• c. 990, Wessex Gospels, Matthew 3:3
    • c. 990, Wessex Gospels, Matthew 4:19
  3. to put
    • c. 990, Wessex Gospels, Matthew 26:52
    • c. 990, Wessex Gospels, Mark 7:33
  4. to treat someone (+ dative) a certain way
    • late 9th century, King Alfred's translation of Boethius' The Consolation of Philosophy
    • c. 990, Wessex Gospels, Luke 16:19

Conjugation

Derived terms

Descendants

  • Middle English: don, donne, doyn, do, doon
    • English: do
      • Northumbrian: dee
    • Scots: dae

References

  • Joseph Bosworth and T. Northcote Toller (1898), “don”, in An Anglo-Saxon Dictionary, 2nd edition, Oxford: Oxford University Press.

Old French

Alternative forms

  • dun

Etymology

From Latin donum.

Pronunciation

  • IPA(key): /dun/

Noun

don m (oblique plural dons, nominative singular dons, nominative plural don)

  1. gift

Descendants

  • French: don
  • Middle English: done

Old Irish

Pronunciation

  • IPA(key): /don/

Etymology 1

Univerbation of di (of/from) +‎ in (the sg)

Article

don

  1. of/from the sg

Etymology 2

Univerbation of do (to/for) +‎ in (the sg)

Article

don

  1. to/for the sg

Etymology 3

Noun

don (gender unknown)

  1. misfortune, evil
Descendants
  • Irish: don

Mutation


Old Saxon

Alternative forms

  • doan, dūan, duon

Etymology

From Proto-West Germanic *dōn.

Verb

dōn

  1. to do

Conjugation

Descendants

  • Middle Low German: dôn
    • Low German: deoen (Paderbornisch), dohn (Münsterländisch); doon

Old Spanish

Pronunciation

  • IPA(key): [dõn]

Etymology 1

From Late Latin dom, from domnus (master, sir), from Latin dominus, from domus (a house).

Noun

don m (plural dones)

  1. (honorific) sir, master; a title prefixed to male given names
    • c. 1200, Almerich, Fazienda de Ultramar, f. 1r.

Descendants

  • Spanish: don
    • Catalan: don
    • Czech: don

Etymology 2

From Latin dōnum (a gift), from (I give).

Noun

don m (plural dones)

  1. gift, talent
    • c. 1200, Almerich, Fazienda de Ultramar, f. 65r.

Descendants

  • Spanish: don

Etymology 3

Shortening of dont.

Adverb

don

  1. Apocopic form of dont; where
    • c. 1200, Almerich, Fazienda de Ultramar, f. 56r.

Descendants

  • Spanish: do

Scottish Gaelic

Alternative forms

  • dhan

Etymology

do + an

Preposition

don

  1. to the (singular)
    Chaidh i don bhùth. - She went to the shop.
  2. for the (singular)

Usage notes

  • Without the definite article and in the plural the form do is used.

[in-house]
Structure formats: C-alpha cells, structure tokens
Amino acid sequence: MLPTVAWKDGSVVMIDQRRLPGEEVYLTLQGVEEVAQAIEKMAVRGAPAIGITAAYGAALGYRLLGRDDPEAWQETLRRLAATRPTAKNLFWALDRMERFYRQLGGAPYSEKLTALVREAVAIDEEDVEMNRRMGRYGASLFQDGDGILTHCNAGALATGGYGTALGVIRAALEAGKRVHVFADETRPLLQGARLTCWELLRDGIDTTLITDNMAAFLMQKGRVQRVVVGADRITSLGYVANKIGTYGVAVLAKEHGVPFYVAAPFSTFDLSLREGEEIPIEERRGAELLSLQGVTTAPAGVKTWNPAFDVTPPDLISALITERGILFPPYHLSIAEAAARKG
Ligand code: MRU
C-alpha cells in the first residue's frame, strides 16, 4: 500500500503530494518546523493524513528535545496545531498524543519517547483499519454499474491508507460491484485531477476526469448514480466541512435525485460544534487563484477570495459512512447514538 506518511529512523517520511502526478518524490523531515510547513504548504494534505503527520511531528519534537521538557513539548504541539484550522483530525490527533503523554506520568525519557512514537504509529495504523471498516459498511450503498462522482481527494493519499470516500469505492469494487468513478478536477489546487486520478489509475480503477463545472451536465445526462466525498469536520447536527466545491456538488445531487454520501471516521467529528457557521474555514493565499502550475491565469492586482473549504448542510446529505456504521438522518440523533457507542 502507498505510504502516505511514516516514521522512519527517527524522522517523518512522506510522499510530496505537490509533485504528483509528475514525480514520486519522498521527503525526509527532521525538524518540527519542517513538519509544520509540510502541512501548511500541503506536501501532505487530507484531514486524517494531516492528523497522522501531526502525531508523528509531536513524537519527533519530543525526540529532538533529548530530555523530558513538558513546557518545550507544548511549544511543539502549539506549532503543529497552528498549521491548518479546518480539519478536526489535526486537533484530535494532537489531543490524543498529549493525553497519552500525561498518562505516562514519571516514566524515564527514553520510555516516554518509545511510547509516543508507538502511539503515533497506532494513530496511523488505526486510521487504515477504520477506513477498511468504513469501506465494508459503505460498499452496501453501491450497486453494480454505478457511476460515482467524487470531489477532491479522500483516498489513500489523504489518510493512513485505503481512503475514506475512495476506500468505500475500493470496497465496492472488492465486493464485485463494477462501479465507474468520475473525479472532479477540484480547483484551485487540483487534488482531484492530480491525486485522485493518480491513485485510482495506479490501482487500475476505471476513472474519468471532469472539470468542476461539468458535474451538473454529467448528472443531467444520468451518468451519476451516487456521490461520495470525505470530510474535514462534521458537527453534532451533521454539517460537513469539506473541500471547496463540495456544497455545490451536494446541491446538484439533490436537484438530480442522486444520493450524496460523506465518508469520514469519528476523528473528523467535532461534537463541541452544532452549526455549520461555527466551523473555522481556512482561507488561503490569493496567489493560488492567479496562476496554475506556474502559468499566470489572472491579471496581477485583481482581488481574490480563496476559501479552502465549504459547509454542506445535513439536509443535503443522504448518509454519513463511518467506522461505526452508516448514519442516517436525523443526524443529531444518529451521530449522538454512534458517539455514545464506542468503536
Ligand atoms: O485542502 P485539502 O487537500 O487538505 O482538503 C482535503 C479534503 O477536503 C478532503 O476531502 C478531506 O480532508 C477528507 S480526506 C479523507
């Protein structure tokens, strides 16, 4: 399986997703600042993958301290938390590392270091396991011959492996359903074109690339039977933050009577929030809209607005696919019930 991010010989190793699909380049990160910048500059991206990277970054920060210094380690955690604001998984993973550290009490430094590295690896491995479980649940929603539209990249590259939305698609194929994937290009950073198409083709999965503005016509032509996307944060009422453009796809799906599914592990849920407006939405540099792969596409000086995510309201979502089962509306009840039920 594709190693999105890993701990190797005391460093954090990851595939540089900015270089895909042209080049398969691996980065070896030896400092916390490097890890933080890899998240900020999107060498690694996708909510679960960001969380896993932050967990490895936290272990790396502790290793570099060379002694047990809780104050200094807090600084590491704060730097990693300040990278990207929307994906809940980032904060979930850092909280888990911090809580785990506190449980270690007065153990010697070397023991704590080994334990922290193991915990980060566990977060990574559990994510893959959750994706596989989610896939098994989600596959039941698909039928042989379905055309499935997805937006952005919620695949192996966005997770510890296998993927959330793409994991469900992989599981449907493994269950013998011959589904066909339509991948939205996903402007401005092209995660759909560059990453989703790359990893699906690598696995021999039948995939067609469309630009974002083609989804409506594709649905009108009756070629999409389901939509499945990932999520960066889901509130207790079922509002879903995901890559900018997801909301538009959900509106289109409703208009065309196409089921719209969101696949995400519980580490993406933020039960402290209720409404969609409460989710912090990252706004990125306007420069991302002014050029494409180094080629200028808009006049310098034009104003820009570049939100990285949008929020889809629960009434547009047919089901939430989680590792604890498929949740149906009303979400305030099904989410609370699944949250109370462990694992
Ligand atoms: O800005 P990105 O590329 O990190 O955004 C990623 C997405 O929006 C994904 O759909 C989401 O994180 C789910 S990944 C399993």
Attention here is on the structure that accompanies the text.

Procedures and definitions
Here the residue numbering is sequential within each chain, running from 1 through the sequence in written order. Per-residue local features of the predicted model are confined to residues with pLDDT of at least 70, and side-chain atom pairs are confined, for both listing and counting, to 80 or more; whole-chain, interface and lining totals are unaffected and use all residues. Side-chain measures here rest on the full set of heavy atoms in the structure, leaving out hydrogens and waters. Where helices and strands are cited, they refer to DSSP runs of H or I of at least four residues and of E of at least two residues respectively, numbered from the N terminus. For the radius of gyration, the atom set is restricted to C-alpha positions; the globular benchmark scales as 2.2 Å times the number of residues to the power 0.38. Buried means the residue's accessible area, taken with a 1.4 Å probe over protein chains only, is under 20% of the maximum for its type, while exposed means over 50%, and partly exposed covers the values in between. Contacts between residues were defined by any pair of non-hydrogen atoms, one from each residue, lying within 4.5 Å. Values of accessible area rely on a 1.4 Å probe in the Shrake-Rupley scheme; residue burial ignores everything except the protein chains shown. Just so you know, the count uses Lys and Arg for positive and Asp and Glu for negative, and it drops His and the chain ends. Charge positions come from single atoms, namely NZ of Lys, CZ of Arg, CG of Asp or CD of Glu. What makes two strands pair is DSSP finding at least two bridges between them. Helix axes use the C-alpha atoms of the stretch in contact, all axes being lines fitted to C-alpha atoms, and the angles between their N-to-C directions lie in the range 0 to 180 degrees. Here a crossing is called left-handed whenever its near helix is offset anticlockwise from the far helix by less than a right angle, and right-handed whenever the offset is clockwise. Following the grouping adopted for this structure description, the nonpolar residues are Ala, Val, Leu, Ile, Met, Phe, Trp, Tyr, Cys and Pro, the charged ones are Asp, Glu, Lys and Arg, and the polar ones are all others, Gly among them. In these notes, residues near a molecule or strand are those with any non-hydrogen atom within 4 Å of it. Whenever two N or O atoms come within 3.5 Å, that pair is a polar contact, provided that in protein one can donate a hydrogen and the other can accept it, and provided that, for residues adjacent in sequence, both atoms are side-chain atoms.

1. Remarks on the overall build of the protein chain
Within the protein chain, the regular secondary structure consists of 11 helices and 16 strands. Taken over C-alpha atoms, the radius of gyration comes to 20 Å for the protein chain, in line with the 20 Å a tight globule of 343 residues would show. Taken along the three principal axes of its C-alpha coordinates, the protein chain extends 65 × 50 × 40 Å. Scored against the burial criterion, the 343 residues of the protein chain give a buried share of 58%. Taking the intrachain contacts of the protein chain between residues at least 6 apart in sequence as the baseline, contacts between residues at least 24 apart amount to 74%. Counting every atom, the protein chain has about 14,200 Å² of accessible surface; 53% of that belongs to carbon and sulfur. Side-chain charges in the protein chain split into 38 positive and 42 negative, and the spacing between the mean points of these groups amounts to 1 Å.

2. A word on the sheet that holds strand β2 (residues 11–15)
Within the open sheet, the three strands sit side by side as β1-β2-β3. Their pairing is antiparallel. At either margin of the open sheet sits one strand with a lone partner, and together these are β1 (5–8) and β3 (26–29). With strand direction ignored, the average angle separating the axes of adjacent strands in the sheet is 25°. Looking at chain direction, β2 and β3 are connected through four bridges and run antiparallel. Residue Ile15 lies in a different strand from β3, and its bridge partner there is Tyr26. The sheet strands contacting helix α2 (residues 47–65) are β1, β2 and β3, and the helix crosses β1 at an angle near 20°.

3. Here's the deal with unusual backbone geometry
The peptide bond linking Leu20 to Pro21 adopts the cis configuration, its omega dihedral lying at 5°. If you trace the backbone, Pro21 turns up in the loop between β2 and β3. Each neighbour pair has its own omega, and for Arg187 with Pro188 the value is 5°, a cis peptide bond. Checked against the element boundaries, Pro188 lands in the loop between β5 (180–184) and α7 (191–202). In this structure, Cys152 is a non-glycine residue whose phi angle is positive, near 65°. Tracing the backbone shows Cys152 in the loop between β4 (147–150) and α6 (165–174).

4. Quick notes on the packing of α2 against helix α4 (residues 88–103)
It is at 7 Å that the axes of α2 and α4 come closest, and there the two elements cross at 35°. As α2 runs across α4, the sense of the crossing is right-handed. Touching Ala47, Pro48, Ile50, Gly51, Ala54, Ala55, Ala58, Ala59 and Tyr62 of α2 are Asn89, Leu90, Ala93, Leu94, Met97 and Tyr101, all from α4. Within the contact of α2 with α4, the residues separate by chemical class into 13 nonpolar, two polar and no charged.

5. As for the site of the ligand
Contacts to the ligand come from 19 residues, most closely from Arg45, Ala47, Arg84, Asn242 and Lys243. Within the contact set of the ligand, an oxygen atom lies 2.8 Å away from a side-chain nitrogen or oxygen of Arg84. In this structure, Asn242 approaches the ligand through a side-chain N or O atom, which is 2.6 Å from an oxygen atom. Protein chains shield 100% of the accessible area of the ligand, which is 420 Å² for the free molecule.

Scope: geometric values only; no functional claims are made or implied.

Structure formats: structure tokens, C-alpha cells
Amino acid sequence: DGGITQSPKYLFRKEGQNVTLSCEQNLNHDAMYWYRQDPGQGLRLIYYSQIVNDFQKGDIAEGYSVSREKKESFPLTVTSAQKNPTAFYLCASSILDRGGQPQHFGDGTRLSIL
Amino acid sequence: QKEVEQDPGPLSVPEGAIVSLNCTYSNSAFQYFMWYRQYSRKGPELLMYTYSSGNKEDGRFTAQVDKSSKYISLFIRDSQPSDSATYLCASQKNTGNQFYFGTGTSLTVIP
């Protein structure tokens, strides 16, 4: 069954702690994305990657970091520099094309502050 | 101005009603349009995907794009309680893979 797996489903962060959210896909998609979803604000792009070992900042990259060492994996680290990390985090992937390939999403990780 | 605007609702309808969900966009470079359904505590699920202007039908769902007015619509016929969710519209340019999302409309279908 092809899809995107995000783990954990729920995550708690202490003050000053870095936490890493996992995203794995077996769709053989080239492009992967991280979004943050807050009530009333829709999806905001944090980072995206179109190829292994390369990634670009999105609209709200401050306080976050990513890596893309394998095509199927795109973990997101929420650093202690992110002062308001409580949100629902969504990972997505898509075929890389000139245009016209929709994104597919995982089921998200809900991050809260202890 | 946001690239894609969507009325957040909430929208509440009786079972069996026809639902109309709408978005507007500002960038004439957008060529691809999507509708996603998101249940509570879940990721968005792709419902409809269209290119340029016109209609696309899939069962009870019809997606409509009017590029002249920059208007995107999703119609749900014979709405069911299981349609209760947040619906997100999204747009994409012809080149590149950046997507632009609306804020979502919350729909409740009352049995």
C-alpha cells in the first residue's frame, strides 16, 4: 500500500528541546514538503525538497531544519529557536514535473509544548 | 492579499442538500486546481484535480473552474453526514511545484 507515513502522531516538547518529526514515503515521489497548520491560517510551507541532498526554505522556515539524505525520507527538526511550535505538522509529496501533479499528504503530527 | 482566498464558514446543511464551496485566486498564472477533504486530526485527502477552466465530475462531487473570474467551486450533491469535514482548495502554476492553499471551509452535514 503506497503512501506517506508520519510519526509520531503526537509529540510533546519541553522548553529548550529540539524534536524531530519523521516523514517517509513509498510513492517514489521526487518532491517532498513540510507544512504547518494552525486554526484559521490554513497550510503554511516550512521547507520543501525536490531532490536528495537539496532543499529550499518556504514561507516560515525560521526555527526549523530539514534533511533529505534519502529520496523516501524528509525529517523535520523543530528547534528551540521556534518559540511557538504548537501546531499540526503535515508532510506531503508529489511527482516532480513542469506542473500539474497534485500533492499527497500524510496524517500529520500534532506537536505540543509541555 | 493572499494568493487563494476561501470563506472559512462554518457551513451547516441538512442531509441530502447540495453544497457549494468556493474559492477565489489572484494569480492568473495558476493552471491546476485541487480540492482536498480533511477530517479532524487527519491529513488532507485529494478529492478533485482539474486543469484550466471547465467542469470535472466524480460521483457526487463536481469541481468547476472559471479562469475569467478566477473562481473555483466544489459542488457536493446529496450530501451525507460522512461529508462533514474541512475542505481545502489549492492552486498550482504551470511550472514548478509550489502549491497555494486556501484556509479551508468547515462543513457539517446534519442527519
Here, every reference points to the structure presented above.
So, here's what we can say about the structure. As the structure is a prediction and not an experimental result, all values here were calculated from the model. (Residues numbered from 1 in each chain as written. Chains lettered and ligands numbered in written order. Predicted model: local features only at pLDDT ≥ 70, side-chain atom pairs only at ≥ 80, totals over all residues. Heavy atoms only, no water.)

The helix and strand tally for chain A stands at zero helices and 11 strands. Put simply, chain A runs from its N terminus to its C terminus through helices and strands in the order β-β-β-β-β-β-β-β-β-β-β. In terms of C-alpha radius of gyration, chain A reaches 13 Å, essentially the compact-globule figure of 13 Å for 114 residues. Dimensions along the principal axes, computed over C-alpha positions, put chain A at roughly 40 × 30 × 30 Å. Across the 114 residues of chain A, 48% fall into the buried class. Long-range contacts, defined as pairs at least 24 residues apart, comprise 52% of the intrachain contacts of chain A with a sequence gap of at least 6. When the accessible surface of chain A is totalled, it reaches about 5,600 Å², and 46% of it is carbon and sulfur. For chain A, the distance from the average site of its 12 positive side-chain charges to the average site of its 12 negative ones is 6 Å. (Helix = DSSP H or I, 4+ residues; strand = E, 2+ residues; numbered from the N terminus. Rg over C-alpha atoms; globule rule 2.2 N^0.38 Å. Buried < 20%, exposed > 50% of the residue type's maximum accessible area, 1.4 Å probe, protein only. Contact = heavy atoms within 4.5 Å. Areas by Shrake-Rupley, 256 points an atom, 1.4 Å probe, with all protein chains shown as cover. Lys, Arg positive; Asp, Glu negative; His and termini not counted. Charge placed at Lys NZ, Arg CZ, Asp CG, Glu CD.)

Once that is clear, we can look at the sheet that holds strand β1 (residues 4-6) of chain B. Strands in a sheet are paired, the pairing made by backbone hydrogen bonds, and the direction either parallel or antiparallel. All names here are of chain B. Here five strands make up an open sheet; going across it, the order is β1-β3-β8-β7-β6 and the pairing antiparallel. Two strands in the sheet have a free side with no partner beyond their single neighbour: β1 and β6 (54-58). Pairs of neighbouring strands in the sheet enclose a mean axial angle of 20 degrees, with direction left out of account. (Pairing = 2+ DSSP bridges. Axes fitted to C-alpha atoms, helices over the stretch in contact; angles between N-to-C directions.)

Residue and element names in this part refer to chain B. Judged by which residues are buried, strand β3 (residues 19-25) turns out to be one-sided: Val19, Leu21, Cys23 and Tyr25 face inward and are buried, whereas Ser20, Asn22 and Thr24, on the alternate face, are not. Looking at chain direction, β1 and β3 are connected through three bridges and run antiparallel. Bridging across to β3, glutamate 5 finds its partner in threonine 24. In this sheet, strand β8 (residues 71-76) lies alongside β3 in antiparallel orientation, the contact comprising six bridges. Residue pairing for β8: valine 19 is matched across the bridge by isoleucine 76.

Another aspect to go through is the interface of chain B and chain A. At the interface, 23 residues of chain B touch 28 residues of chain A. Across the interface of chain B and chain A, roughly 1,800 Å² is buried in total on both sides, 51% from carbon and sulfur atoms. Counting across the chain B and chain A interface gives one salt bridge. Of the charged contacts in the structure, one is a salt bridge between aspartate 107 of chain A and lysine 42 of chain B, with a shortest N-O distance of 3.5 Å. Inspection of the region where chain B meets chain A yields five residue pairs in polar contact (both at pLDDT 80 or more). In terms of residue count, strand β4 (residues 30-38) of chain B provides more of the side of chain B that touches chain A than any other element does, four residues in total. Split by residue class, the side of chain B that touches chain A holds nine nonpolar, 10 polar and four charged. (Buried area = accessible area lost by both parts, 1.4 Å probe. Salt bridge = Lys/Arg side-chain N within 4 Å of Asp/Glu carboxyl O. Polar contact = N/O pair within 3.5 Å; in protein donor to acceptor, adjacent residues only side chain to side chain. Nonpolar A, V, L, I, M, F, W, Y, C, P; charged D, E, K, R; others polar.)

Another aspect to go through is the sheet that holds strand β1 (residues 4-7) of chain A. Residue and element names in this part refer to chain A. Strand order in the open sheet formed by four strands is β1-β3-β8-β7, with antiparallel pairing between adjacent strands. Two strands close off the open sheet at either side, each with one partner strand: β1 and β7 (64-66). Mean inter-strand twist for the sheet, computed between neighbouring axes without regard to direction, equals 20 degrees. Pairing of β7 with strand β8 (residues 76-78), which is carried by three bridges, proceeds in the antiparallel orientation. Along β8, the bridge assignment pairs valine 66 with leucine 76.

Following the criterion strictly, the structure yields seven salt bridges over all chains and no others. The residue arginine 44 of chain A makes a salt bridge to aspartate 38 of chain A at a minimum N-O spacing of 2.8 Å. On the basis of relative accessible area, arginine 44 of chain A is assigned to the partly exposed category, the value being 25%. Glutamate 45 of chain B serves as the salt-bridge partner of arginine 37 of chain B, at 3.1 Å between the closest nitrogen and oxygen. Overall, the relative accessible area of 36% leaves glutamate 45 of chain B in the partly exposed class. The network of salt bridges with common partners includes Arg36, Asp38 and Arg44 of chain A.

• Lenites words beginning with b, c, f, g, m and p.

Spanish

Pronunciation

  • IPA(key): /ˈdon/, [ˈd̪õn]
  • Rhymes: -on

Etymology 1

From Late Latin dom (a courtesy title for monks and abbots), from domnus (master, sir), from Classical Latin dominus, from domus (a house), from Proto-Indo-European *dṓm (a house), from root Proto-Indo-European *dem- (to build).

Noun

don m (plural dones, feminine doña, feminine plural doñas)

  1. (obsolete) sir, master, lord
  2. a title of respect to a man, prefixed to first names
Derived terms
  • don nadie
  • poderoso caballero es don dinero
Related terms
  • doña
  • dueño
Descendants
  • Catalan: don
  • Czech: don

Etymology 2

From Latin dōnum (a gift) (whence English donation), from (to give), from Proto-Indo-European *deh₃- (to give).

Noun

don m (plural dones)

  1. gift, present
  2. gift, talent, knack
Usage notes

Like with the English word "knack", don can be used to describe a positive gift or talent, or a negative one like a bad habit or a neutral tendency to do something.

Derived terms
Related terms

Further reading

  • “don” in Diccionario de la lengua española, Vigésima tercera edición, Real Academia Española, 2014.

Sranan Tongo

Etymology

From Dutch dom.

Adjective

don

  1. stupid

Noun

don

  1. stupidity

Swedish

Etymology

Originally "work done, something accomplished," from the root of dåd (deed, feat).

Noun

don n

  1. a tool, a means

Declension

Related terms

  • fordon
  • skodon

References

Anagrams

  • ond

Turkish

Etymology 1

From Ottoman Turkish طون(don), from Proto-Turkic *tōn.

Noun

don

  1. underpants
  2. jogging pants
  3. pants
  4. shorts

Etymology 2

From Ottoman Turkish طوڭ(doñ), from Proto-Turkic *doŋ.

Noun

don

  1. frost

Verb

don

  1. second-person singular imperative of donmak

Related terms

  • donma
  • donmak

Vietnamese

Pronunciation

  • (Hà Nội) IPA(key): [zɔn˧˧]
  • (Huế) IPA(key): [jɔŋ˧˧]
  • (Hồ Chí Minh City) IPA(key): [jɔŋ˧˧]

Noun

(classifier con) don

  1. Atherurus macrourus, Asiatic brush-tailed porcupine
    Synonym: đon

Yogad

Etymology

From Proto-Philippine *dahun, from Proto-Malayo-Polynesian *dahun.

Noun

don

  1. leaf (of a plant)

Yola

Etymology

From Middle English don, from Old English dōn on.

Verb

don

  1. To put on, as clothes, dress.

References

  • Jacob Poole (1867), William Barnes, editor, A Glossary, With some Pieces of Verse, of the old Dialect of the English Colony in the Baronies of Forth and Bargy, County of Wexford, Ireland, London: J. Russell Smith

Zazaki

Noun

don ?

  1. kind of bread

Zou

Verb

don

  1. drink

References

  • http://www.languageinindia.com/feb2013/zouphonologyfinal.pdf

Source: wiktionary.org
  • to put on.
    (source: Collins Scrabble Dictionary)